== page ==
That is why the Rev. Samuel Shoemaker, the Anglican priest who wrote the “12 Steps” and helped to found Alcoholics Anonymous, quoted Colossians Chapter 1 in writing step 11.  What does Step 11 encourage us to pray for: “… the knowledge of His will for us and power to carry that out.”

What is the use of knowing what to do, if we haven’t the power to do it?  What is the use of studying the Bible if we never do the Bible?  What is the use of praying the Prayer Book if we never live out the Prayer Book?  The key to doing the Bible and living the Prayer Book is Colossians chapter 1, verse 8: “love in the Spirit”.  It is not the love of power that will set the Anglican Church free, but rather the power of love.  Dr. Gordon Fee, the well known New Testament Scholar from Regent College, notes that virtually everywhere that the word “power” is used in the New Testament, it is referring to the power of the Holy Spirit.11  Only the Holy Spirit can give us the power to change.  Only the Holy Spirit can give us the power to love.  Only the Holy Spirit can give us the power to forgive.  Verse 8 tells us the secret of lasting renewal: “love in the Spirit”.

In the early days of Anglican renewal, a bishop in northern B.C. fired his dean because some of his parishioners had had the nerve to pray that the bishop be filled with the Holy Spirit.  If only they had just prayed forthe bishop to be filled afresh or anew, the Dean might have kept his job.  Why do all of us need to be filled with the Spirit again and again? (Eph. 5:18).  The reason, as D.L. Moody put it, is that we leak.  It is always touchy to pray for one’s bishop without sounding like one is trying to give his bishop advice.  It is so easy for us to dump all our unmet dreams and frustrations on the back of our bishops.  Yet God calls us to bless and not curse.  God calls us in verse 9 to never give up praying for each other, and that certainly includes our bishops.  Verse 9 is a wonderful way to pray for your bishop, your rector, and your wardens in a way that none of them could possibly object to.  Just pray that God will fill them with the knowledge of His will through all spiritual wisdom and understanding.  All of us need to be filled up, to be more full of God’s grace, peace, joy, hope, and faith so that we will be more full, more grace-full, more peace-full, more joy-full, more faith-full.  The point of the fruit of the Spirit (Gal. 5:22) is to fill us up inside with more of the character of Jesus Christ.

What will being filled with the knowledge of God’s will really do for us?  Paul tells us in verse 10 that such filling will result in our walking worthy of God, in our pleasing the Lord in every way, in our bearing fruit in every good work, in our growing in the knowledge of God.  Being filled with the knowledge of His will is the key not only to living in the Spirit but also to walking in the Spirit (Gal. 5:25).  As our AA friends remind us, it is not enough to talk the talk; we also need to walk the walk.

Yet all of us are powerless in ourselves to change our lives.  In fact, no change is possible until we admit in the words of Step 1 that “We are powerless over our (addictions and sins) and our lives have become unmanageable”.  The reason why “12 Step” people talk so much about a Higher Power is that our own power, our own resources, are never enough to make a lasting difference.  We need, in the words of Luke 24:49, to be clothed with power from on high, the very power of the Holy Spirit.  That is why Acts 1:8 says that “You shall receive power when the Holy Spirit comes upon you and you shall be my witnesses … to the ends of the earth.”.  That is why Colossians chapter 1 verse 11 talks about our being strengthened with all power: in the Greek, “being powered with all power”, with all dunamis, all dynamite.  There are logjams in Anglicanism that nothing but the power, the dynamite, of the Holy Spirit can possibly remove.  All of us know many faithful Anglicans who have given up in despair and left our church, perhaps returning occasionally for their Communion “fixes”.  When we think of the mother/father God/Goddess apostasy that the new ACC “Common Praise” hymn book is leading us into, only the power of the Holy Spirit will be able to lead us out of that syncretistic swamp.  Yet with God, nothing is impossible!  Would anyone like to become the founders of a Blue Hymn Book Society of Canada?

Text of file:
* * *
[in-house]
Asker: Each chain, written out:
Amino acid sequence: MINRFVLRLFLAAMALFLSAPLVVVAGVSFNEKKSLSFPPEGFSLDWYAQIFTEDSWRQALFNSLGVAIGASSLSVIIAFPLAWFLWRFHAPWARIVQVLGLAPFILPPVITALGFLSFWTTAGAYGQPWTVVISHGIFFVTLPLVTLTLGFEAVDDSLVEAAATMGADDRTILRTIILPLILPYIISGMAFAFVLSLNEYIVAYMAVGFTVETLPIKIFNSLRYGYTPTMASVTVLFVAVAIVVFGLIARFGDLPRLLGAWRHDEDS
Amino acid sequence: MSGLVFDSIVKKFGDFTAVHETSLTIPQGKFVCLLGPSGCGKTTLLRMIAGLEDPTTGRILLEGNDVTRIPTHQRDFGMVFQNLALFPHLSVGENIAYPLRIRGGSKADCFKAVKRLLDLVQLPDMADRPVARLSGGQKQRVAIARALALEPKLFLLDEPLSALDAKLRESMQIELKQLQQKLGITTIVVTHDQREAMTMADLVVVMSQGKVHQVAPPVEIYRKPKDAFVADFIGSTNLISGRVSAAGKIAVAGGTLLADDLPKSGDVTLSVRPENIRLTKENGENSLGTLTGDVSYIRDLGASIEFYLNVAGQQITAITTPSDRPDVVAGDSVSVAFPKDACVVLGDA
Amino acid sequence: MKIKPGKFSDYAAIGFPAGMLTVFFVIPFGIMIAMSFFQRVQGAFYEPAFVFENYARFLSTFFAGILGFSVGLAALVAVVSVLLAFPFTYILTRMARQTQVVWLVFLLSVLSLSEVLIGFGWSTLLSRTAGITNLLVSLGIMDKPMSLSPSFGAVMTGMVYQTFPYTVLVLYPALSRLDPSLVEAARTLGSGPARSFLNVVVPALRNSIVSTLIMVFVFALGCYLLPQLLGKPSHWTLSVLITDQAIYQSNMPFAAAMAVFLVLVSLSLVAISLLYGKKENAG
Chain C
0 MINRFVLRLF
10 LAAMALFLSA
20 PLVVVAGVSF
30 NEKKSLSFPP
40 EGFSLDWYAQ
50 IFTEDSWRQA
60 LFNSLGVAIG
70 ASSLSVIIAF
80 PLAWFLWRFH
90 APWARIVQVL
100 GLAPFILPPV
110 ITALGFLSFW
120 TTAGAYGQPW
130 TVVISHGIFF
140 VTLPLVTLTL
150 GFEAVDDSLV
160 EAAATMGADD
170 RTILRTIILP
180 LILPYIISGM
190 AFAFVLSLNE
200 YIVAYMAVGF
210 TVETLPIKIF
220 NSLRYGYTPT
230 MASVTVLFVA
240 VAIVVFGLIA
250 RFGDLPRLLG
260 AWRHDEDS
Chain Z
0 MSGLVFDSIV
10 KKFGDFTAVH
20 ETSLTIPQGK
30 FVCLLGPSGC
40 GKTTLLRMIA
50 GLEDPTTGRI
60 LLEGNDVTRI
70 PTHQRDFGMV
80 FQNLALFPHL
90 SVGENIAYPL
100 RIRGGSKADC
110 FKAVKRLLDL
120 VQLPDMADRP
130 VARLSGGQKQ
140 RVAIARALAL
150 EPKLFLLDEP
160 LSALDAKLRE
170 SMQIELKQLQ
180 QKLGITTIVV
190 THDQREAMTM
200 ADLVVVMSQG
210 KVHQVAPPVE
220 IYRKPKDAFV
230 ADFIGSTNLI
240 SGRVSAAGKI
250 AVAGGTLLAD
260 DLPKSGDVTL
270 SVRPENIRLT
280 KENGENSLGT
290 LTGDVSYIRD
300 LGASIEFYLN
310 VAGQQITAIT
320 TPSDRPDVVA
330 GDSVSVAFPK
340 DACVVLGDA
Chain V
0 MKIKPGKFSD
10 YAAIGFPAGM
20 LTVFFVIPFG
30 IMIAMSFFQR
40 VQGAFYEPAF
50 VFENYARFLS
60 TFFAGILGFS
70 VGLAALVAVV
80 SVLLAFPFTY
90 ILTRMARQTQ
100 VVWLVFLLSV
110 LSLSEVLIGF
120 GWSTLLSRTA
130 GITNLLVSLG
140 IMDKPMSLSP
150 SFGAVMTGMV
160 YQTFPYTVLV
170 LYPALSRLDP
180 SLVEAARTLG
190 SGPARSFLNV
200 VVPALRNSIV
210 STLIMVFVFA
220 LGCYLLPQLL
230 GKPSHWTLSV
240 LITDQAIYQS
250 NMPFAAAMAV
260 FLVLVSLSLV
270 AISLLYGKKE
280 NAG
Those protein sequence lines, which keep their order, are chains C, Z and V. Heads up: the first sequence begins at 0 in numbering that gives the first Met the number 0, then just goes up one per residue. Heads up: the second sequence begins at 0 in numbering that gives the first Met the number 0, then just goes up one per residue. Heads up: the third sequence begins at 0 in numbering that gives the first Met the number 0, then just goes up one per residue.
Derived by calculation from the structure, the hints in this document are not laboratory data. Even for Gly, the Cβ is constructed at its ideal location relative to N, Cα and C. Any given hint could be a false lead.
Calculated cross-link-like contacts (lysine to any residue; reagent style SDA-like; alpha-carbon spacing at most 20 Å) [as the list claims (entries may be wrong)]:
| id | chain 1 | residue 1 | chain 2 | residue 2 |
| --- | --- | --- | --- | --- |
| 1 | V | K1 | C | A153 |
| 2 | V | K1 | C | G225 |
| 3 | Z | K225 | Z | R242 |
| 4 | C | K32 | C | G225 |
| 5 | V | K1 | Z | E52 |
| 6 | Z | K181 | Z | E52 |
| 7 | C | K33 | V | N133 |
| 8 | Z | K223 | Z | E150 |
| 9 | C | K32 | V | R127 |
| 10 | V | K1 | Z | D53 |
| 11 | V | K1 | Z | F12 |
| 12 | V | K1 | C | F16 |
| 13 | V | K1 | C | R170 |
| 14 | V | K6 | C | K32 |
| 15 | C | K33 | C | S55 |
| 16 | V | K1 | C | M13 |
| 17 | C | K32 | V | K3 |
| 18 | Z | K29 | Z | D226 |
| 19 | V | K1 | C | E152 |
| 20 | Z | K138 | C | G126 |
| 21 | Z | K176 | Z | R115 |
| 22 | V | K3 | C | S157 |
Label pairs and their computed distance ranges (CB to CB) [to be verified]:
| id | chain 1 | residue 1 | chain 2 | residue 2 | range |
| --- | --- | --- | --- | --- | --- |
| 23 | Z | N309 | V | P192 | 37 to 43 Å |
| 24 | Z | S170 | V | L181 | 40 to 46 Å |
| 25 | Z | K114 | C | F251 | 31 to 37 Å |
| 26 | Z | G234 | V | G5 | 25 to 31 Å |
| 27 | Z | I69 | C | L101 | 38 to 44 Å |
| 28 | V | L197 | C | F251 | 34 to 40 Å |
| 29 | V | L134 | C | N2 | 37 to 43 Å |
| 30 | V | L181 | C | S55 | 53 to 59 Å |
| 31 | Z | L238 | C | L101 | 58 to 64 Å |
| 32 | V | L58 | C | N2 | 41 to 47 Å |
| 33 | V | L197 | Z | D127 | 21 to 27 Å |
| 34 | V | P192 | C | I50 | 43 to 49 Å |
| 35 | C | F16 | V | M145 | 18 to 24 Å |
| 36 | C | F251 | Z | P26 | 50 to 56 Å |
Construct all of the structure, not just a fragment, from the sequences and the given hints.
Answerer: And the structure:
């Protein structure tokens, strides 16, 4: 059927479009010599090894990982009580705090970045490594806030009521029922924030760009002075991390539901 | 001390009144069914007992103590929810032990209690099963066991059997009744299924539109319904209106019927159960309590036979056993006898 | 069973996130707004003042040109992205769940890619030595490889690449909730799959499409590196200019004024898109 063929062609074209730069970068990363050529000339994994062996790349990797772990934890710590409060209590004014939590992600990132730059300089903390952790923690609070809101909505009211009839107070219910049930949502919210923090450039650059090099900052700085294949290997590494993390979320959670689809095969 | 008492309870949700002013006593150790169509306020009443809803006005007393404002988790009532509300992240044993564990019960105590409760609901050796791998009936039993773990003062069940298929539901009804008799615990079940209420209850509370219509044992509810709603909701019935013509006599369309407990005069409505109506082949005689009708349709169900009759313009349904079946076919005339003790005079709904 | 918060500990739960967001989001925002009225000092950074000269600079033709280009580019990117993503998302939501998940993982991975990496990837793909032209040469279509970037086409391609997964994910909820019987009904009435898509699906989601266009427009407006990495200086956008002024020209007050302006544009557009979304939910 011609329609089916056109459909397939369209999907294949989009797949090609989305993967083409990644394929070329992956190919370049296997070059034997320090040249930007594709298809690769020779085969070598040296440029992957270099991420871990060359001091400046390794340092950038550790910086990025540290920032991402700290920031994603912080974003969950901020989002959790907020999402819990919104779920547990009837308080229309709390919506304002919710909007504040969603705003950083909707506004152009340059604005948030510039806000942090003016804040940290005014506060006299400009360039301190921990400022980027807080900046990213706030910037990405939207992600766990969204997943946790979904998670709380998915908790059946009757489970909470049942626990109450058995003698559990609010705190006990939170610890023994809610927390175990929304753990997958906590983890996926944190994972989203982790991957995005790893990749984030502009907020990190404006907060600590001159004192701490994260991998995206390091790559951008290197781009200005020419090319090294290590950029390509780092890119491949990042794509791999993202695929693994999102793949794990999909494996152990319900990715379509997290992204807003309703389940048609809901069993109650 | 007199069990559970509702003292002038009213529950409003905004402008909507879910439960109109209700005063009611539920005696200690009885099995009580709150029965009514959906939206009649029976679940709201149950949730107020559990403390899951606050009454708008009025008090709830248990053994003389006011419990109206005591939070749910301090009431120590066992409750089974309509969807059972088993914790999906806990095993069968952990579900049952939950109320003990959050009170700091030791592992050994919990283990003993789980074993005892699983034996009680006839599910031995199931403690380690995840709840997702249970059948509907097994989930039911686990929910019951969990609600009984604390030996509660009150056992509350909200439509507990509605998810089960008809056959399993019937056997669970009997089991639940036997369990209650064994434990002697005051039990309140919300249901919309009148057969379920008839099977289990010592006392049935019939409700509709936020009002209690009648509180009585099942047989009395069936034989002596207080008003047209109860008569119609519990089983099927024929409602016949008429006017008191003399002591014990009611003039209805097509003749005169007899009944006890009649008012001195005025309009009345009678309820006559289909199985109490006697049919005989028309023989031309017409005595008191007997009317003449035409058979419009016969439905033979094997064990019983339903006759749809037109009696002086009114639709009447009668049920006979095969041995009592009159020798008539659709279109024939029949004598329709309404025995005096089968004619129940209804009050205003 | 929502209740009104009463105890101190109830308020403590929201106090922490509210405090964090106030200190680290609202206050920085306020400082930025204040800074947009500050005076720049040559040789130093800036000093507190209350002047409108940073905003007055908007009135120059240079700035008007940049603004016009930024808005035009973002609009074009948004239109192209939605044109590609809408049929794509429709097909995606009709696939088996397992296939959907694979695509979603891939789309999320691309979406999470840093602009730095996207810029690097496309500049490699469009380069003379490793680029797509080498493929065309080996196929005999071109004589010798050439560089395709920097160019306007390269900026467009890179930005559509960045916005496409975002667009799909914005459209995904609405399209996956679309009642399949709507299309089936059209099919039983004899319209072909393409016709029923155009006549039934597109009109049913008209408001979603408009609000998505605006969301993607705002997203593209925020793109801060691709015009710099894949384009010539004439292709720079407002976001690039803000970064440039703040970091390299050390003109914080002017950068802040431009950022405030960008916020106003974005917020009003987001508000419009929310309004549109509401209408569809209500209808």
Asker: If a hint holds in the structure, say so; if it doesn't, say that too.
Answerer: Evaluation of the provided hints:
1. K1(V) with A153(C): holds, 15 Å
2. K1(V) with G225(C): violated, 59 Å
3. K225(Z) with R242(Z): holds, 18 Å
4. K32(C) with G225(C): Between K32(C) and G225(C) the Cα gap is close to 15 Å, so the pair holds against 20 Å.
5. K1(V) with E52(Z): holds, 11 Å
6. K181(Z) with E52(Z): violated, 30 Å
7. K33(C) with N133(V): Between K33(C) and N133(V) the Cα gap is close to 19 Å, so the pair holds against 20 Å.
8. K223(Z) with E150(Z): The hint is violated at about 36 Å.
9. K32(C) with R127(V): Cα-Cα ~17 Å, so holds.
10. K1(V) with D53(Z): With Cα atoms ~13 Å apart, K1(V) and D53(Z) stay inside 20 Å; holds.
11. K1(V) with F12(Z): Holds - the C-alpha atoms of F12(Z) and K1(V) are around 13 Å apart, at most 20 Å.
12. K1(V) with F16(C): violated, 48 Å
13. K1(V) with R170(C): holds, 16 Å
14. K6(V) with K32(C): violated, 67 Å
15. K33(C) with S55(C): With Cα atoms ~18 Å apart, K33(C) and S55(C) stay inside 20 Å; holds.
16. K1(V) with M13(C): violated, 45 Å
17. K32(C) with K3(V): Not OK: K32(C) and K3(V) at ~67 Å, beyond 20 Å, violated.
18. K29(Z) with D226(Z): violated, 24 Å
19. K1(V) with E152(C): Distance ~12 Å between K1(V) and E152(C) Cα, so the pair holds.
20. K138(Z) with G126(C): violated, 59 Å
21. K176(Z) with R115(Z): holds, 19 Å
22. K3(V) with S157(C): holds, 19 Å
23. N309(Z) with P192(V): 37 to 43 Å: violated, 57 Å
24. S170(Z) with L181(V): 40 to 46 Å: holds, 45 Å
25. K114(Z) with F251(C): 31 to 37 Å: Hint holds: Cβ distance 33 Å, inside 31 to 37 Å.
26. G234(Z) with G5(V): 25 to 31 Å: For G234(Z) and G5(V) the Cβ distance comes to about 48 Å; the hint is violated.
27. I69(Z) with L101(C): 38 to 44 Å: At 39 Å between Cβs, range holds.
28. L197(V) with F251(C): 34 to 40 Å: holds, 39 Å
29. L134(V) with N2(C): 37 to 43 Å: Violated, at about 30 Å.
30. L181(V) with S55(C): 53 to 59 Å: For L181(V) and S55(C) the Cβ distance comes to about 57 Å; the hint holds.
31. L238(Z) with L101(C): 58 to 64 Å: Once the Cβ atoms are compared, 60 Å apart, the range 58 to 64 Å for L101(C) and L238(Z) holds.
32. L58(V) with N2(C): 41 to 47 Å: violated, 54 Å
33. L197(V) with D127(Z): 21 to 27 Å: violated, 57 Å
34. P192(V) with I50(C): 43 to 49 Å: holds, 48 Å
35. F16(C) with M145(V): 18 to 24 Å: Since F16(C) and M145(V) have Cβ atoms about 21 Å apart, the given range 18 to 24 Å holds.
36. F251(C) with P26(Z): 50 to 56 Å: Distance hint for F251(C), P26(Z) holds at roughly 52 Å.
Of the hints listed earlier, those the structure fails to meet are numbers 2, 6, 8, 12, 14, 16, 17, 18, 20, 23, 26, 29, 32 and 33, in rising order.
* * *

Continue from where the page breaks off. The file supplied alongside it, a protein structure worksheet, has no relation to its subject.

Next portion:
Dr. E. Stanley Jones holds that “the difference between a river and a swamp is that one has banks and the other has none.  The swamp is very gracious and kindly, it spreads over everything, hence it is a swamp.  Some of us are moral and spiritual swamps.  We are so broad and liberal that we take in everything from the shady to the sacred.  Hence we are swamps.  A river has banks – it confines itself to its central purpose.  The civilizations of the world organize themselves not around swamps, but around rivers.”12

To me, the Book of Common Prayer and the Bible are rivers.  The new Common Praise hymn book in contrast is a gracious and kindly swamp.  The river that is the Holy Spirit confines Himself to His central purpose, which is to fill us with the knowledge of the Father’s will and to give us the power to carry that out.  The Colossian Christians were a tiny, faithful minority living in a “new-age” spiritual scene.  As with the original Colossian church, one of the greatest challenges facing our Anglican Church is well-meaning interfaith syncretism.  In our worship of newness and inclusiveness, we are rushing to replace the riverbanks of our BCP with the neo-gnostic swamp of centering prayer/mantra yoga, enneagram workshops, labyrinths, Jungian-based MBTI personality tests, and invocations of “God our Father and our Mother”.13  Lord, forgive us for our naïve worship of the seemingly new and trendy, and for our disrespect for the wisdom of our Anglican forebears.  Genuine renewal is actually about renewing the riches of our inheritance in Christ Jesus, not about uncovering secret “new revelations”. (Eph. 1:18)